Addressing Social Determinants of Health on Children’s Mental Health 3/25/2021

The American Academy of Pediatrics recognizes the pervasive effects of systemic racism (Trent et al, 2019) on the health of children and others, most particularly, their mothers, but not excluding fathers. The more we know about the impacts of racism on child development, the more we can tackle the problems head on.  A recent review of the literature on social determinants of health (Berry et al., 2021), summarizes the state of the evidence.

“Racism is a social determinant of health and affects health and well-being along the developmental spectrum beginning in pregnancy and extending throughout all periods of early child development” . (our italics)

Recent literature has explored the sequelae of racism and the mechanism of impact. In addition to structural or institutional racism (for example in legal or educational systems), the authors highlight the impact of racism that a child may experience in day to day life, described as “personally mediated racism”.

“Personally mediated racism can …have deleterious effects on both maternal and infant mental health…[and] includes experiences of stereotypes and prejudices about an individual’s ability, motives, or intent on the basis of their race….[this] can be expressed implicitly (unconscious) or explicitly (conscious), and can be experienced directly or indirectly (vicariously). Examples of vicarious exposures include listening to a parent/caregiver describe unfair treatment at work, witnessing discriminatory behaviors towards a caregiver in a store, or reading about an event of a loved one from the news or social media”

According to a review of evidence over the past five years, the impacts of the racism can include,

  • Increased rates pre-term birth
  • Decreased access to high quality hospital care
  • Adverse impacts on care-giver well-being, which may impact early dyadic experiences
  • Increased separation challenges
  • Higher rates of post-partum depression
  • Decreased infant sleep duration
  • Increased rates of school age sleep problems, anxiety, depression, suicide risk, low self-esteem and disruptive behaviors

Some approaches to consider (among many others)

  • Create a culturally-safe medical home where the providers acknowledge and are sensitive to the racism that children and families experience by integrating patient and family-centered communications and evidence-based screening tools that incorporate valid measures of perceived and experienced racism into clinical practice.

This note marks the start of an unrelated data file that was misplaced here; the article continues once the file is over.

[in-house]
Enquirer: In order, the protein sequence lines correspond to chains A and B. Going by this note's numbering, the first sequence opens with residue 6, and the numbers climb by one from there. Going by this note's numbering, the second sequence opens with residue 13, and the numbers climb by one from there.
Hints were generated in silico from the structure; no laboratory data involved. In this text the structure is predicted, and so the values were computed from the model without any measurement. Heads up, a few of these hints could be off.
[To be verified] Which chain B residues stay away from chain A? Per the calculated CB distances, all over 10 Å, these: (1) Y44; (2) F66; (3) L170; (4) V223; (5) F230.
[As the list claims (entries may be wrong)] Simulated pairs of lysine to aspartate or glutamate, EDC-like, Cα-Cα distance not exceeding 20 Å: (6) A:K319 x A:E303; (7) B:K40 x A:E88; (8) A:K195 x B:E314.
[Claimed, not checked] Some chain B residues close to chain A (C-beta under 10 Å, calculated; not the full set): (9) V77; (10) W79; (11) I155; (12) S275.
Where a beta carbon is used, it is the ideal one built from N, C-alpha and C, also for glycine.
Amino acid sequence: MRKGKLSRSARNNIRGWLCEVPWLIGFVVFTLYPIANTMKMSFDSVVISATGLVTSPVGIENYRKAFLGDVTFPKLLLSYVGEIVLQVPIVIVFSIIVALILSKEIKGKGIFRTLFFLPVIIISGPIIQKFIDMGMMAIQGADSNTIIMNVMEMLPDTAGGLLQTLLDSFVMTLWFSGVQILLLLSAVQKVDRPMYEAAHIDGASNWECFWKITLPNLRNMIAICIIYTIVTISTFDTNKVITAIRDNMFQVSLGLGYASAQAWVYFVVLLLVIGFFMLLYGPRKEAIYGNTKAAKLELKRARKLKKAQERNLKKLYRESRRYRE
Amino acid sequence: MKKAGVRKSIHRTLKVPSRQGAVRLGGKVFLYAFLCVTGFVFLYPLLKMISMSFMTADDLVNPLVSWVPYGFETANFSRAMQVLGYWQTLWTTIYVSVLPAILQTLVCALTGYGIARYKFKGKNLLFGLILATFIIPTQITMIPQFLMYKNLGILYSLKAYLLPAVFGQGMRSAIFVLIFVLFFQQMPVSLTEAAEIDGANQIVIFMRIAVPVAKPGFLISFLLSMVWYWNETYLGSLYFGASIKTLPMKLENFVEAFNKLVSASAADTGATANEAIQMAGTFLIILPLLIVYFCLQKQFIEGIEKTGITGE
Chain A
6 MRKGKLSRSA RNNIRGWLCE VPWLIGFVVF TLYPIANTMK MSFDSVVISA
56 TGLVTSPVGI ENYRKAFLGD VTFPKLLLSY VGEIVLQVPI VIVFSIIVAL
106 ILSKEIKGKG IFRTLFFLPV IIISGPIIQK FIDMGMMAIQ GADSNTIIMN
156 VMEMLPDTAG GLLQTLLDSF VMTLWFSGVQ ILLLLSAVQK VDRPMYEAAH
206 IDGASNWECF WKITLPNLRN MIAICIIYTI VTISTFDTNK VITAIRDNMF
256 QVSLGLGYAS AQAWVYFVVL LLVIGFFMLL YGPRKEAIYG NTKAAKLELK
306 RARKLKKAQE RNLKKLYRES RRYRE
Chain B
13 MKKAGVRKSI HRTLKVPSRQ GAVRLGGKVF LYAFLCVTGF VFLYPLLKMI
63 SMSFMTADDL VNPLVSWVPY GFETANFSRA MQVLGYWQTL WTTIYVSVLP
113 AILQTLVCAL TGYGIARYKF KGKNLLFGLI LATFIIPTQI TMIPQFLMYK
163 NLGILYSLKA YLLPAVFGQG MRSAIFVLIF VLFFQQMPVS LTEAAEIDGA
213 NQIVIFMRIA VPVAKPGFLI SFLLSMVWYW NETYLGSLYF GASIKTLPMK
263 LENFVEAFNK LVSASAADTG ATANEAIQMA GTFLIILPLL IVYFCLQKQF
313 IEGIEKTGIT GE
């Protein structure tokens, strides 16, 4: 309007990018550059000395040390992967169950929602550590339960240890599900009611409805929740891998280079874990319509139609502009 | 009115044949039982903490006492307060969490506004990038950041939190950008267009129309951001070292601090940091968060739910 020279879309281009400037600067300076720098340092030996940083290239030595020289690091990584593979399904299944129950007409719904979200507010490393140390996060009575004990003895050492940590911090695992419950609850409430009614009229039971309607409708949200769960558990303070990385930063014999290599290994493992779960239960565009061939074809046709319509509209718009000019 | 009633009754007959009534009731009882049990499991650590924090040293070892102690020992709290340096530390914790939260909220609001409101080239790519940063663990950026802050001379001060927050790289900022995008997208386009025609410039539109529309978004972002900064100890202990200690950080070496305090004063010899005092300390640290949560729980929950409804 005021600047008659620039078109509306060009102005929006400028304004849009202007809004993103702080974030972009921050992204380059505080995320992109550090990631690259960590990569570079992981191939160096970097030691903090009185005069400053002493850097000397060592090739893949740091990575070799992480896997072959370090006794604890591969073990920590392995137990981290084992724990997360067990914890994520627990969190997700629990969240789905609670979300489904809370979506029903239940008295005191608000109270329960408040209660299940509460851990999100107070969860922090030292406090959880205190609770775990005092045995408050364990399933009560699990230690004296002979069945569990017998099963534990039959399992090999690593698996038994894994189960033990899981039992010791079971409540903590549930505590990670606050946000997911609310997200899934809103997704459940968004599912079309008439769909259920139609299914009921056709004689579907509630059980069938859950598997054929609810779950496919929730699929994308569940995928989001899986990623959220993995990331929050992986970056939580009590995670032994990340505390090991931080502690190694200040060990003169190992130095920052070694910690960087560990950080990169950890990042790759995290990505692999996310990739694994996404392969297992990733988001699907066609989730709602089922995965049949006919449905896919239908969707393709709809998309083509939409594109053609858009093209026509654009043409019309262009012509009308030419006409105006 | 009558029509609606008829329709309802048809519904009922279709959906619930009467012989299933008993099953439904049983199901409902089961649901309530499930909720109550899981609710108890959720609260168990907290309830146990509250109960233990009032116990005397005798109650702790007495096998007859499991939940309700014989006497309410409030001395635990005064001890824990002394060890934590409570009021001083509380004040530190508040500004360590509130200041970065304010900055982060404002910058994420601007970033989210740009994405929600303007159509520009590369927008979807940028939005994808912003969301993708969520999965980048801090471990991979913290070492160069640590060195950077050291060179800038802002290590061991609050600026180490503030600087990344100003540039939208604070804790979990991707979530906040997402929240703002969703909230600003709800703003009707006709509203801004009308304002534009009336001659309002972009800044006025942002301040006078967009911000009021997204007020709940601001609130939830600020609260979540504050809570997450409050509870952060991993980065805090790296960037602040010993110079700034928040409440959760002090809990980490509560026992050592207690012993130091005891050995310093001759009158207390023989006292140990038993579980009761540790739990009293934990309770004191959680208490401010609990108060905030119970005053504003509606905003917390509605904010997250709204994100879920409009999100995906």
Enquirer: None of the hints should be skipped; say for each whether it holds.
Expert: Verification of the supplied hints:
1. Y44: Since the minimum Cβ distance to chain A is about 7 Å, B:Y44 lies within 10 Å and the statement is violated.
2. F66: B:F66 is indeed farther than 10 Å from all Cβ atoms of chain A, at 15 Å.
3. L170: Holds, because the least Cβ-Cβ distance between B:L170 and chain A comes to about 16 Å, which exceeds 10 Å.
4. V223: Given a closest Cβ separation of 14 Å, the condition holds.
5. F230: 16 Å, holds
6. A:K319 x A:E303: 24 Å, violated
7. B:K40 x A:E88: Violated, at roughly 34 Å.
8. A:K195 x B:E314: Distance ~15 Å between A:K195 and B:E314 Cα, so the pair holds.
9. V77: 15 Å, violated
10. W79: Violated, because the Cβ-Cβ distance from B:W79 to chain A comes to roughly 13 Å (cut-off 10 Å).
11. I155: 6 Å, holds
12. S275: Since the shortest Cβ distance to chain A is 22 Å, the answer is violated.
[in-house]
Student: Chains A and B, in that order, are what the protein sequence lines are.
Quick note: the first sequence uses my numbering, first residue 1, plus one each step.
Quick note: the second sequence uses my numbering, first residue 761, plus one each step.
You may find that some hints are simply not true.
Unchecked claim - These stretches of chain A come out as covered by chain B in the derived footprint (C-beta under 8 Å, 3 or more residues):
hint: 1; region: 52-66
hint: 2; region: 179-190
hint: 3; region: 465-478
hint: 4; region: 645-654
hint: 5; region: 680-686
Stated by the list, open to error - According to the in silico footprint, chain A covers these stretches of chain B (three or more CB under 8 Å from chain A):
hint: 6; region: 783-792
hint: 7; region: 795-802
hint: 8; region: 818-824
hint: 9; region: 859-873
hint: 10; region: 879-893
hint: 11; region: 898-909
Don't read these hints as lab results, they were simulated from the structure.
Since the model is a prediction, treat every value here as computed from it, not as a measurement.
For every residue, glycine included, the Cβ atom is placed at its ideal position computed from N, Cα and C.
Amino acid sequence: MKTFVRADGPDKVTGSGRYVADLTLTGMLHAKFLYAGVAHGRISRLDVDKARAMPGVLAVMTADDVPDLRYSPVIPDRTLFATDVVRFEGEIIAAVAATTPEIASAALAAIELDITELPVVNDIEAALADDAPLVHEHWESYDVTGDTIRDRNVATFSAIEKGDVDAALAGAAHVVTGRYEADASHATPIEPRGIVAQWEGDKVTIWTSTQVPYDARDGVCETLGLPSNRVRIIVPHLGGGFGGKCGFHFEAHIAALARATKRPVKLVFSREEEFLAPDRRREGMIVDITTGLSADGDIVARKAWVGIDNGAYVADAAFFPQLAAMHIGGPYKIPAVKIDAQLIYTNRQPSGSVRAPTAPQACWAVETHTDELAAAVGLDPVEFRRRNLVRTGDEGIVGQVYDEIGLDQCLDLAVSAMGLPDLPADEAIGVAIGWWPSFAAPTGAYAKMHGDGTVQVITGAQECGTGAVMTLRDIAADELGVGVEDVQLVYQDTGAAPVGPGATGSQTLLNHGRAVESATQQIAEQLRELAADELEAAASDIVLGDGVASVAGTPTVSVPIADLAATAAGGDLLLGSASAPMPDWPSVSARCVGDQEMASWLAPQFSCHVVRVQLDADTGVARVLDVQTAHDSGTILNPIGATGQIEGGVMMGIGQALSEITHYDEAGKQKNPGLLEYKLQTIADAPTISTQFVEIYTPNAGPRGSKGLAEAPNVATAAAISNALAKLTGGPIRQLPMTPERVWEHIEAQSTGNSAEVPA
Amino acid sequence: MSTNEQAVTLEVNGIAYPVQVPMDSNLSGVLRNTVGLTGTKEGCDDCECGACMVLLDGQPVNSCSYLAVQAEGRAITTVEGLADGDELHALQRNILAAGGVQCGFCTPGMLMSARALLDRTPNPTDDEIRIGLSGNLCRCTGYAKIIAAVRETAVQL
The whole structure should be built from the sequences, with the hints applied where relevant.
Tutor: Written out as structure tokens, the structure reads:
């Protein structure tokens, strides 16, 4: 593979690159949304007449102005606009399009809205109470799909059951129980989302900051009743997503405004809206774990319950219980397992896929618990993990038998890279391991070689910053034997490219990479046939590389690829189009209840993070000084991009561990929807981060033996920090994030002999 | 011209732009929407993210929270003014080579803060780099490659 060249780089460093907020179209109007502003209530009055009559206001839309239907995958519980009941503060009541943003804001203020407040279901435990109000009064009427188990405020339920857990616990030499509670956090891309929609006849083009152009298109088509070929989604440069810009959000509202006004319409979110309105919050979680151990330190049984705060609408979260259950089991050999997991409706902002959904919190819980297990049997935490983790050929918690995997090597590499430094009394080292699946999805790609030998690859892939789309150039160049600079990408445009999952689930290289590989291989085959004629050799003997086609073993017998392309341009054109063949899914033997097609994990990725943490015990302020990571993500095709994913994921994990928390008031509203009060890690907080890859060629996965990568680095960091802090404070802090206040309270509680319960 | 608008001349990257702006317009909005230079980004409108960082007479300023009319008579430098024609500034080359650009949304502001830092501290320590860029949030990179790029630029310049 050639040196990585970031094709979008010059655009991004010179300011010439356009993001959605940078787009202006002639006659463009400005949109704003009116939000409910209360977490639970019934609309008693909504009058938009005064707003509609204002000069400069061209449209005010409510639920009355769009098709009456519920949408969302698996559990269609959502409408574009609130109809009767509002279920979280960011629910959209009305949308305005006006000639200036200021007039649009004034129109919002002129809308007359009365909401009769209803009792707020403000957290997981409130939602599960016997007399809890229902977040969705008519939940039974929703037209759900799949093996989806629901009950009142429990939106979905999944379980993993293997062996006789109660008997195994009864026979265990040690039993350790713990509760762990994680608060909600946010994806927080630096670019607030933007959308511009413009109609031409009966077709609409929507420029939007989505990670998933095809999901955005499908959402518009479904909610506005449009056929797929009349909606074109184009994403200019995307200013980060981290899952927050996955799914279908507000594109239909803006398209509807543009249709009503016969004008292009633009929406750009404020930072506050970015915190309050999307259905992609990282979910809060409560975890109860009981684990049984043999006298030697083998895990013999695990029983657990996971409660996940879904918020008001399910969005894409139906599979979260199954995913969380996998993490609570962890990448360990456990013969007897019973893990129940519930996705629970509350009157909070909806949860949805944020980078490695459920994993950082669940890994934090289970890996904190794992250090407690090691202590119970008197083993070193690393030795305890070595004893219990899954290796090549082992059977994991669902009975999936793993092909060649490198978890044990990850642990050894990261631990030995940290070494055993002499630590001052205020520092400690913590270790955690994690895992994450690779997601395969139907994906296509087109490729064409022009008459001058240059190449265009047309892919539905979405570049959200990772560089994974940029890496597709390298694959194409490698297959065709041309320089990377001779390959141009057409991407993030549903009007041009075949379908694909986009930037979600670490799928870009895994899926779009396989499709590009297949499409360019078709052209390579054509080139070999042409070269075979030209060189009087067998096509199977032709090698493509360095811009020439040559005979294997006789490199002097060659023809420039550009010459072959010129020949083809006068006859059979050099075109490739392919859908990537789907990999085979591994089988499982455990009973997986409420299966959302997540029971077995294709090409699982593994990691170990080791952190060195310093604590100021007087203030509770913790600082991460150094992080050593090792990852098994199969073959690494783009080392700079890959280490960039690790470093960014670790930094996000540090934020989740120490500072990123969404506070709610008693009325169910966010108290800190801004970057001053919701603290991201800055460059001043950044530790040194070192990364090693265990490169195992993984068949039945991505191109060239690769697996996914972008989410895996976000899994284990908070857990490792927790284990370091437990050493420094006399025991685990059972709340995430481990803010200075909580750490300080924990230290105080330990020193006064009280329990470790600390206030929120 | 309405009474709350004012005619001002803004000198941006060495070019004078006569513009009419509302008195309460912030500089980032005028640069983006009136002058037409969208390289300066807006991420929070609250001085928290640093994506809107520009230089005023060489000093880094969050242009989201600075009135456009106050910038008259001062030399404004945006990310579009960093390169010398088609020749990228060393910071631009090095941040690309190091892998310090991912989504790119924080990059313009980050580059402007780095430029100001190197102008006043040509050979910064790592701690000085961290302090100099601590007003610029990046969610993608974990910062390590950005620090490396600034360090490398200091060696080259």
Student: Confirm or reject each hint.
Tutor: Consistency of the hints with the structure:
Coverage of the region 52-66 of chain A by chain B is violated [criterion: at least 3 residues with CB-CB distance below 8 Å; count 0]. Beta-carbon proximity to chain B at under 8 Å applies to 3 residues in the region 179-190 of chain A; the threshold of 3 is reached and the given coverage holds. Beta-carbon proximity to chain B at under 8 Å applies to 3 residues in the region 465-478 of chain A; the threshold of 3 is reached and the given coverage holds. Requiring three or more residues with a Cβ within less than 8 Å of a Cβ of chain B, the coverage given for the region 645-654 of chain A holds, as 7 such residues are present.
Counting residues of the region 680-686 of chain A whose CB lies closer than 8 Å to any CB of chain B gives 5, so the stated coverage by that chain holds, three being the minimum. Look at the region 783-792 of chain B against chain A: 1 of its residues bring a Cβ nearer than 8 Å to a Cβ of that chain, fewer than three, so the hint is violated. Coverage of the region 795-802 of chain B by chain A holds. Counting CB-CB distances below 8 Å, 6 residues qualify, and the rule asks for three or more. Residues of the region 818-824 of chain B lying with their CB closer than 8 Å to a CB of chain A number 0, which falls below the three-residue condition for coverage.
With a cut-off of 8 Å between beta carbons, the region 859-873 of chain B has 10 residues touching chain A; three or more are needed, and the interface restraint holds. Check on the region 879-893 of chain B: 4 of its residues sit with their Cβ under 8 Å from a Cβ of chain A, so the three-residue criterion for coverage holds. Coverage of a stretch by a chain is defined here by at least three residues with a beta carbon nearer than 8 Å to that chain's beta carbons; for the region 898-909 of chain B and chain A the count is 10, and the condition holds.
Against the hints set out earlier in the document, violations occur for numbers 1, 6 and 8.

• Promote programs that increase access to care for members of underserved communities.
  • For patients who report experiencing racism, empathically assess for associated mental health conditions, including signs of posttraumatic stress, anxiety, grief, and depressive symptoms, using validated screening tools and a trauma-informed approach to make referrals to mental health services as needed”
  • Conduct quality-assurance assessments that include analyses of quality of care and patient satisfaction by race, and respond accordingly
  • Encourage policies to foster interactive learning communities that promote cultural humility and provide simulation opportunities to ensure that both senior and junior pediatricians are competent in delivering culturally appropriate and patient and family-centered care.
  • Attend to issues of bias at individual, team, organizational, economic and other levels, and explore opportunities to address the negative impacts of conscious and unconscious bias on health care delivery and outcomes.


Berry OO, Londoño Tobón A, Njoroge WFM. Social Determinants of Health: the Impact of Racism on Early Childhood Mental Health. Curr Psychiatry Rep. 2021 Mar 12;23(5):23. doi: 10.1007/s11920-021-01240-0. PMID: 33712922.

Trent, M., Dooley, D. G., Dougé, J., & On, S. (2019). The Impact of Racism on Child and Adolescent Health, 144(2). Policy Statement American Academy of Pediatrics.



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